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Taylor v. Family Residences and Essential Enterprises

January 30, 2008

OMAR A. TAYLOR, PLAINTIFF,
v.
FAMILY RESIDENCES AND ESSENTIAL ENTERPRISES, INC., DEFENDANT.



The opinion of the court was delivered by: Hurley, Senior District Judge

MEMORANDUM & ORDER

In his complaint, as amended, Plaintiff Omar Taylor ("Plaintiff" or "Taylor") has asserted claims of race and gender discrimination and retaliation under 42 U.S.C. § 1981 and Title VII of the Civil Rights Act of 1964, 42 U.S.C. 2000e et seq. ("Title VII"), as well as a claim under the Equal Pay Act, 29 U.S.C. §206(d)(1) ( the "EPA")against Defendant Family Residences and Essential Enterprises, Inc. ("Defendant" or "FREE"). Presently before the Court is Defendant's motion for summary judgment. For the reasons set forth below, the motion is granted.*fn1

Background

The following facts are taken from Defendant's Statement of Uncontested Facts Pursuant to Local Rule 56.1 ("Defendant's Statement"), Plaintiff's "Contesting Defendants [sic] Statements of Uncontested Facts in Opposition to Defendant's Motion for Summary Judgment," ("Plaintiff's Counterstatement"), and the evidence submitted. The facts are undisputed unless otherwise noted.*fn2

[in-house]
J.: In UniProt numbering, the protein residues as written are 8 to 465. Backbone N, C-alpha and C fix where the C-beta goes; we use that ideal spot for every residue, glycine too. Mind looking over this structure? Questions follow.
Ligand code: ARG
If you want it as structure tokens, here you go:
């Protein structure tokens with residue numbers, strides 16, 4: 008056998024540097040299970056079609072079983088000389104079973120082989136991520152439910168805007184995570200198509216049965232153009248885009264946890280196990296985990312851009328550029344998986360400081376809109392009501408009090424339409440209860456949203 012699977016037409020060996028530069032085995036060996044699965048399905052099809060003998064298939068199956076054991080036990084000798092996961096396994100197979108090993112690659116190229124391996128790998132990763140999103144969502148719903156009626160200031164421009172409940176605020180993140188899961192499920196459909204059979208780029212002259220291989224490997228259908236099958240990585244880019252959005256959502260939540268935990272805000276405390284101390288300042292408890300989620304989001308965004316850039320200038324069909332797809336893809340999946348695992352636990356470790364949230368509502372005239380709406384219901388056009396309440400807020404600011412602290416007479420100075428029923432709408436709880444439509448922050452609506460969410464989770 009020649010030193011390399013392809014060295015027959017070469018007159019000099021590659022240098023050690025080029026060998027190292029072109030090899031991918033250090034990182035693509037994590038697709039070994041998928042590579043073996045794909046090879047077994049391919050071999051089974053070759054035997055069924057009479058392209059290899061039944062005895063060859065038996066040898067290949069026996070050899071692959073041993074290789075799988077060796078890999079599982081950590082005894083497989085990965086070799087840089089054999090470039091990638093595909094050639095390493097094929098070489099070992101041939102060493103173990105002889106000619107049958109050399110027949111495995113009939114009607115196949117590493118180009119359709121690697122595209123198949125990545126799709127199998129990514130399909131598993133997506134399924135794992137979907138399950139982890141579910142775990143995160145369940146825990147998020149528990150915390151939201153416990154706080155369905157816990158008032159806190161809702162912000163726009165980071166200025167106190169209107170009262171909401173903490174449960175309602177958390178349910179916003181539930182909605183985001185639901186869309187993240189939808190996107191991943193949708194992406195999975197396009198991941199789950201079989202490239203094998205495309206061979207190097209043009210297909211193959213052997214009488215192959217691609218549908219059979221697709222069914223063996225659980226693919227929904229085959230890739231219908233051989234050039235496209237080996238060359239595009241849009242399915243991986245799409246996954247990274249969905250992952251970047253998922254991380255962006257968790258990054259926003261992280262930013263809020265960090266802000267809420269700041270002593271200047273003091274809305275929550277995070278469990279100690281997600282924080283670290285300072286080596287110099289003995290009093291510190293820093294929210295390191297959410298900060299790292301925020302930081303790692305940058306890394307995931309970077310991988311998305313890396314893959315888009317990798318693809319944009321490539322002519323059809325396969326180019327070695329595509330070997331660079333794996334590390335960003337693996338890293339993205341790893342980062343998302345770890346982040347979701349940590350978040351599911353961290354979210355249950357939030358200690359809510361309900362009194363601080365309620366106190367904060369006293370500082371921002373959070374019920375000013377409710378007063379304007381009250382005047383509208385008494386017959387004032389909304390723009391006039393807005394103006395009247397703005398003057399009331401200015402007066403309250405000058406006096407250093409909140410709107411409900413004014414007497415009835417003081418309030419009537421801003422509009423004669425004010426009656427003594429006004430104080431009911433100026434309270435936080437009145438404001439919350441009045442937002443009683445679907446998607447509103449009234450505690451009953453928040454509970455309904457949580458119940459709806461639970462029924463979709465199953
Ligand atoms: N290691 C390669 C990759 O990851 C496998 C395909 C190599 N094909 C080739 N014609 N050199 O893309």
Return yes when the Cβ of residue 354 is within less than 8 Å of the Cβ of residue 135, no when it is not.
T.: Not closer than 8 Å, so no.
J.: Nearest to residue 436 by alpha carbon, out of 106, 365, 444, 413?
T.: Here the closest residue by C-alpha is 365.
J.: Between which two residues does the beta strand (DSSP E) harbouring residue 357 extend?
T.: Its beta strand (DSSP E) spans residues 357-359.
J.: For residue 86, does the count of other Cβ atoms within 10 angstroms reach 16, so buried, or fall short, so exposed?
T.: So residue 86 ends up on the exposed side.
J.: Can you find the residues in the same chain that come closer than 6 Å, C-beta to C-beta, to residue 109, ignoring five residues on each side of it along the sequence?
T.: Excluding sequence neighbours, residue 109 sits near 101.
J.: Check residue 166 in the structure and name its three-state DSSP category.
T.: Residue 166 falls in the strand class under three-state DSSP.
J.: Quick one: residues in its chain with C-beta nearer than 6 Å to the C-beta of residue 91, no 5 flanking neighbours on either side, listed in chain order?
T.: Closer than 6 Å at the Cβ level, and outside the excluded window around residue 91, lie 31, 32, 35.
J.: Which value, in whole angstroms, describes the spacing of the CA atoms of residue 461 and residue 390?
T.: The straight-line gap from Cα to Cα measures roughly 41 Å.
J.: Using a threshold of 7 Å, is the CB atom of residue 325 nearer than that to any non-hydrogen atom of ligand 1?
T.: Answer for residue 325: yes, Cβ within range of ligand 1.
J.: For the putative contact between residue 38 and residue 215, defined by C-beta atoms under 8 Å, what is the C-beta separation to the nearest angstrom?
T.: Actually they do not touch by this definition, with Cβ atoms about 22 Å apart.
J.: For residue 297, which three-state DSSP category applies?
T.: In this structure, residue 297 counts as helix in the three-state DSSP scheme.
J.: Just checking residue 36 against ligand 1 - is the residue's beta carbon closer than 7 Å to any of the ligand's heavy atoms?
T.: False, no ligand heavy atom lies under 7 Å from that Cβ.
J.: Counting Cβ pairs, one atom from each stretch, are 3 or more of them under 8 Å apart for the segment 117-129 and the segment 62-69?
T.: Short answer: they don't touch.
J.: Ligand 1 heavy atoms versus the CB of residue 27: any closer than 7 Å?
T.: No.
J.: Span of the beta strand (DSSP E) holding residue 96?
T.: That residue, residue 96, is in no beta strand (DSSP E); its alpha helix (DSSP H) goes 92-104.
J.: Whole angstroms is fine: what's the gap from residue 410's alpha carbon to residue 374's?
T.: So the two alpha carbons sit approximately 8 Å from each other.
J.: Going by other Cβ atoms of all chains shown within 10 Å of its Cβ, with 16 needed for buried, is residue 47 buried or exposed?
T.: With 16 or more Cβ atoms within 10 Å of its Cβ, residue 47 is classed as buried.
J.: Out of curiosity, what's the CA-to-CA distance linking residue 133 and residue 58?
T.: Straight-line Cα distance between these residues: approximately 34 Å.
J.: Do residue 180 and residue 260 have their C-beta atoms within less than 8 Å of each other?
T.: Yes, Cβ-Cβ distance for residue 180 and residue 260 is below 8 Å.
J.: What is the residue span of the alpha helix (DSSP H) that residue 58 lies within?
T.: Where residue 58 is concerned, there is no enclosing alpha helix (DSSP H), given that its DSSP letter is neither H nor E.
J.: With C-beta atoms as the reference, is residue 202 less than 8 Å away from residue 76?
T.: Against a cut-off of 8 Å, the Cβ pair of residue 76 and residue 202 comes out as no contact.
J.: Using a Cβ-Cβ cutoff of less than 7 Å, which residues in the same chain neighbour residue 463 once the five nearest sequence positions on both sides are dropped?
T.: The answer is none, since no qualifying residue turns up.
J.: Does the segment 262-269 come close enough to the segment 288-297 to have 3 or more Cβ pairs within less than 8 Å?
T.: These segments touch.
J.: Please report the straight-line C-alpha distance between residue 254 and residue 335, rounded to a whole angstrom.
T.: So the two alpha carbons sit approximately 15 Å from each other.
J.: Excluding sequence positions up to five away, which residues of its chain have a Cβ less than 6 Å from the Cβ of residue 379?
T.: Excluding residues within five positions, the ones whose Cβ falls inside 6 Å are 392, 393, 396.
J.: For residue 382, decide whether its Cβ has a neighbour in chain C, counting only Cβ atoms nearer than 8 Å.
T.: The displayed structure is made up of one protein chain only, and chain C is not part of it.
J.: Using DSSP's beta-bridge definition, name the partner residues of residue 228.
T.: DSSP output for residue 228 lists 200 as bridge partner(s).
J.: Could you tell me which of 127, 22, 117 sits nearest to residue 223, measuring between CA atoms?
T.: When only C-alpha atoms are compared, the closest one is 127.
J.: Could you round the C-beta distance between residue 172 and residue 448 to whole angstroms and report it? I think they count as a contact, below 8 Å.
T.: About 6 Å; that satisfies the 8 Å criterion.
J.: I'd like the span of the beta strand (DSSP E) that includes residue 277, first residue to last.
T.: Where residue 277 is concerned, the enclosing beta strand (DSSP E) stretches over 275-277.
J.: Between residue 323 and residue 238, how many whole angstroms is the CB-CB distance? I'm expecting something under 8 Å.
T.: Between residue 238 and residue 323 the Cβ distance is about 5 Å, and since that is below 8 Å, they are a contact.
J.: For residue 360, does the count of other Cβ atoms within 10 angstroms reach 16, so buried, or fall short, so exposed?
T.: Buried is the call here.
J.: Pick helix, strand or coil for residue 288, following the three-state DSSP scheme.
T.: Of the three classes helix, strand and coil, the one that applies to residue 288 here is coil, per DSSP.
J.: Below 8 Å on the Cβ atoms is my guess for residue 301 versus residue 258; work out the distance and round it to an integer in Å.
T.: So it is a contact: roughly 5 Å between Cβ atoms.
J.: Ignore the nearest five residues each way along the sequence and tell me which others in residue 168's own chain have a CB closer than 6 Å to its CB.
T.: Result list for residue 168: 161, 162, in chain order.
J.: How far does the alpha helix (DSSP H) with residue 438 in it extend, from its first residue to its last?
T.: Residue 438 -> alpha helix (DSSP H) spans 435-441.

Plaintiff, a black male, was an employee of Defendant beginning on August 6, 2001. Defendant is a not-for-profit agency that offers a wide variety of services for persons with mental illnesses, developmental disabilities and traumatic brain injuries. Its programs include group homes, apartments, respite programs, day treatment and vocational programs. Plaintiff was hired by Michelle Flood ("Flood") as a Direct Care Counselor at a rate of $9.00 per hour.*fn3 Flood was a Residential Administrator, responsible for overseeing administration of numerous residential programs run by FREE. Robert Budd ("Budd"), Chief Administrative Officer, approved Plaintiff's hire. Upon commencing employment, Plaintiff was given a copy of FREE's Employee's Handbook. The handbook specifies that an employee will be paid for accrued but unused vacation when the employee leaves. It also specifies that "[s]ince paid sick days are to be used when you are ill, unused sick days will not be paid at termination or upon retirement."